Home Patronal festivals Archdiocesan Hispanic Council leader Delfina Haydee Pereda Echeverria dies at 99

Archdiocesan Hispanic Council leader Delfina Haydee Pereda Echeverria dies at 99

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Delfina Haydee Pereda Echeverria was self-taught.

In 1962, at age 41, she moved to the United States for the second time, alone, in search of a new beginning. When presented with two options, California or Maryland, she chose the latter and is remembered as a bridge builder for the Hispanic and Latino community of Baltimore, and for her part in the Hispanic Pastoral Council of l Archdiocese of Baltimore, which included a liturgical role in a papal mass.

“She wanted to make her way; she was stoic, ”recalls Haydee Rodriguez, Pereda’s granddaughter.

Delfina Haydee Pereda Echeverria was a founding member of the Mayor’s Committee on Hispanic Affairs under then-mayor William Donald Schaefer (right). (Courtesy photo)

Rodriguez was with his grandmother on July 4, when she died in Stella Maris in Timonium. Pereda had served as a parishioner of St. Patrick at Upper Fells Point and of the Sagrado Corazón de Jesús in Highlandtown, where Bishop-designate Bruce Lewandowski, the pastor, will offer a funeral mass on July 11.

Born in Guatemala City, Guatemala, in 1921, Pereda was married to a diplomat and lived in New York City from 1952 to 1954. She then returned to Guatemala City to be principal of a secretarial school, the Instituto Moderno de Capacitación Commercial.

After her divorce in the early 1960s, Pereda decided it was time to make a fresh start. “She saw the United States as an opportunity to expand her desire to be more,” Rodriguez said.

A year after arriving in Baltimore, according to a biography prepared by his granddaughter, Pereda founded the Centro Social Hispano Americano (Hispano-American Social Center) for the growing number of Cubans and other Latin Americans settling in Baltimore.

A fierce Catholic, she joined the Hispanic Pastoral Council of the Archdiocese in the mid-1990s.

“She is one of those people who gave her life to help the Hispanic community,” said Dr. Ivan Garcia, who worked alongside Pereda in and served as the Hispanic Pastoral Council. “She treated everyone, no matter what country they came from, equally.”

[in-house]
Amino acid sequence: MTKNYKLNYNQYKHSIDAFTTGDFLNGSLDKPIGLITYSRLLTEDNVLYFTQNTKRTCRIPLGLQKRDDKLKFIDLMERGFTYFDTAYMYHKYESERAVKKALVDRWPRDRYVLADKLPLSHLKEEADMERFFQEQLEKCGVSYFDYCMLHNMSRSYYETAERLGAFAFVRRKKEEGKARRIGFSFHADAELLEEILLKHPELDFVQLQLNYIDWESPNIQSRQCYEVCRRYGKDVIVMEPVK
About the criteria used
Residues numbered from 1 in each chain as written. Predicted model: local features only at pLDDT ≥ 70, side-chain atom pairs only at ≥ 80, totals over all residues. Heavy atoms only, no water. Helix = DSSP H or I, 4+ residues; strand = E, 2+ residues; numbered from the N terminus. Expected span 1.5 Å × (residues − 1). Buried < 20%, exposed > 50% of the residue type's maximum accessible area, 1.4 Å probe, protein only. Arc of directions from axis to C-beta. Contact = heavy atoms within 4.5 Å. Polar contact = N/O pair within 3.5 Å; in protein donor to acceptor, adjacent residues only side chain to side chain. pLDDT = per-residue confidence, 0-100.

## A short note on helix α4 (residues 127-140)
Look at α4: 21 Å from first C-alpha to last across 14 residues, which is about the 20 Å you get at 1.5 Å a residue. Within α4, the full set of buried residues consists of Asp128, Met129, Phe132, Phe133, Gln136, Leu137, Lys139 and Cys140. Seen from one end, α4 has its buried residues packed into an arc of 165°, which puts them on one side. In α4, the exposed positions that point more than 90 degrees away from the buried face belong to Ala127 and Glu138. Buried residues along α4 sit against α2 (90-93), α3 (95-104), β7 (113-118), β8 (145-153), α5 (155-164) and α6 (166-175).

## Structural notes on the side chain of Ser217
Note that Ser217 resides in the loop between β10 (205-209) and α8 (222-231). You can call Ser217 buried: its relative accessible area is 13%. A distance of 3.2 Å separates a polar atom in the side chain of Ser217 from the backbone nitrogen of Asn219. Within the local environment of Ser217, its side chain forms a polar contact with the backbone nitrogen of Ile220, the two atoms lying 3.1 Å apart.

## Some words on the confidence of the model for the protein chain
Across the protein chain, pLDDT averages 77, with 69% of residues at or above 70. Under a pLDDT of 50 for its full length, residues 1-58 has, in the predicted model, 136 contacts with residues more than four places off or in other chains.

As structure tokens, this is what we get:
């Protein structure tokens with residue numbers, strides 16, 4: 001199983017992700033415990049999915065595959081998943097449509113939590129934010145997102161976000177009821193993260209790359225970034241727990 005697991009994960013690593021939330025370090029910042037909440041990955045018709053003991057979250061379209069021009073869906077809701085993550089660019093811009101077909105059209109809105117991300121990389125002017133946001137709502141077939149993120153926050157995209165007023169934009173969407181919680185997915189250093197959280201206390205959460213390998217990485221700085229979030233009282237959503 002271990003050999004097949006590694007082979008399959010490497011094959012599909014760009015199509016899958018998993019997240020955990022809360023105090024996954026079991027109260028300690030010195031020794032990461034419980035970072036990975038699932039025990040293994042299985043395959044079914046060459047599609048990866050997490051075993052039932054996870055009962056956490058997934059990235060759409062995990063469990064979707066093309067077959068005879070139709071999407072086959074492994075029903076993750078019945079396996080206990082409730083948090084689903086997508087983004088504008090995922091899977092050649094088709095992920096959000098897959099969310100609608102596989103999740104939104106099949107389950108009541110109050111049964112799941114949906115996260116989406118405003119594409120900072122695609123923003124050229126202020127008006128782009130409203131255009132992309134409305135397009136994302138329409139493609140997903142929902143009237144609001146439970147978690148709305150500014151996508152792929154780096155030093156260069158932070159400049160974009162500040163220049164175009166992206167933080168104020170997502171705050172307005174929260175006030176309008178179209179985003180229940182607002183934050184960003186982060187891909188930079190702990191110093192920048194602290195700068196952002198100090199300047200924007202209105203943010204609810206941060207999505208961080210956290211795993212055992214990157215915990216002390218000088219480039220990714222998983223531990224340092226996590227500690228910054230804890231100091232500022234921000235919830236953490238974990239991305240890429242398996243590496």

Delfina Haydee Pereda Echeverria offers a reading during the October 1995 mass celebrated by Saint John Paul II at Oriole Park in Camden Yards in Baltimore. (Youtube screenshot)

Pereda served as a link between church leaders and the growing Hispanic community. She helped increase the number of Spanish Masses offered throughout the Archdiocese and worked closely with the late Sister Mercy Mary Neil Corcoran, former director of what is now the Esperanza Center.

When Saint John Paul II celebrated Mass at Oriole Park in Camden Yards in October 1995, Pereda was chosen to offer one of the readings.

Five years later, Pereda, who deeply appreciated his Guatemalan roots, played a pivotal role in bringing a replica of the Black Christ from Esquipulas to Saint Patrick, which was later transferred to the Sacred Heart / Sagrado Corazón. The original Black Christ of Esquipulas is housed in the Cathedral Basilica in the town of Esquipulas in southeast Guatemala, a popular pilgrimage destination for Central American Catholics.

Pereda was a founding member of the Mayor’s Committee on Hispanic Affairs during the administration of former Mayor Donald Schaefer, and served on the same committee during the tenure of Kurt Schmoke, now president of the University of Baltimore.

“She has been an effective voice in calling the attention of officials to the growing impact of Latino residents in our community,” Schmoke said in a statement. “I will miss his smile and his graceful manners.” “

Delfina Haydee Pereda Echeverria (left) was director of the Baltimore Hispanic Festival when ethnic festivals were still part of the city’s Festival of Nations. She is shown with then-mayor Kurt Schmoke and her granddaughter, Haydee Rodriguez. (Courtesy photo)

Pereda led the Baltimore Hispanic Festival for 10 years and continued to remain active in expressions of Hispanic heritage and pride into old age.

“She could never refuse a social gathering,” said Rodriguez, her granddaughter. “She introduced me to the city.

Although Pereda did not contract COVID-19, Rodriguez and his family attribute his death to side effects from the coronavirus pandemic. Before Stella Maris was due to close its doors to visitors in March for the safety of her residents, at least one person from Pereda’s family visited her every day. Once locked up and without visitors, Pereda’s health began to decline.

She is survived by two sons, 10 grandchildren and six great grandchildren.

“She leaves a tremendous legacy of acceptance, openness, help abroad,” said Rodriguez. “If anyone was living their faith, it was my grandmother. It is a legacy of love.

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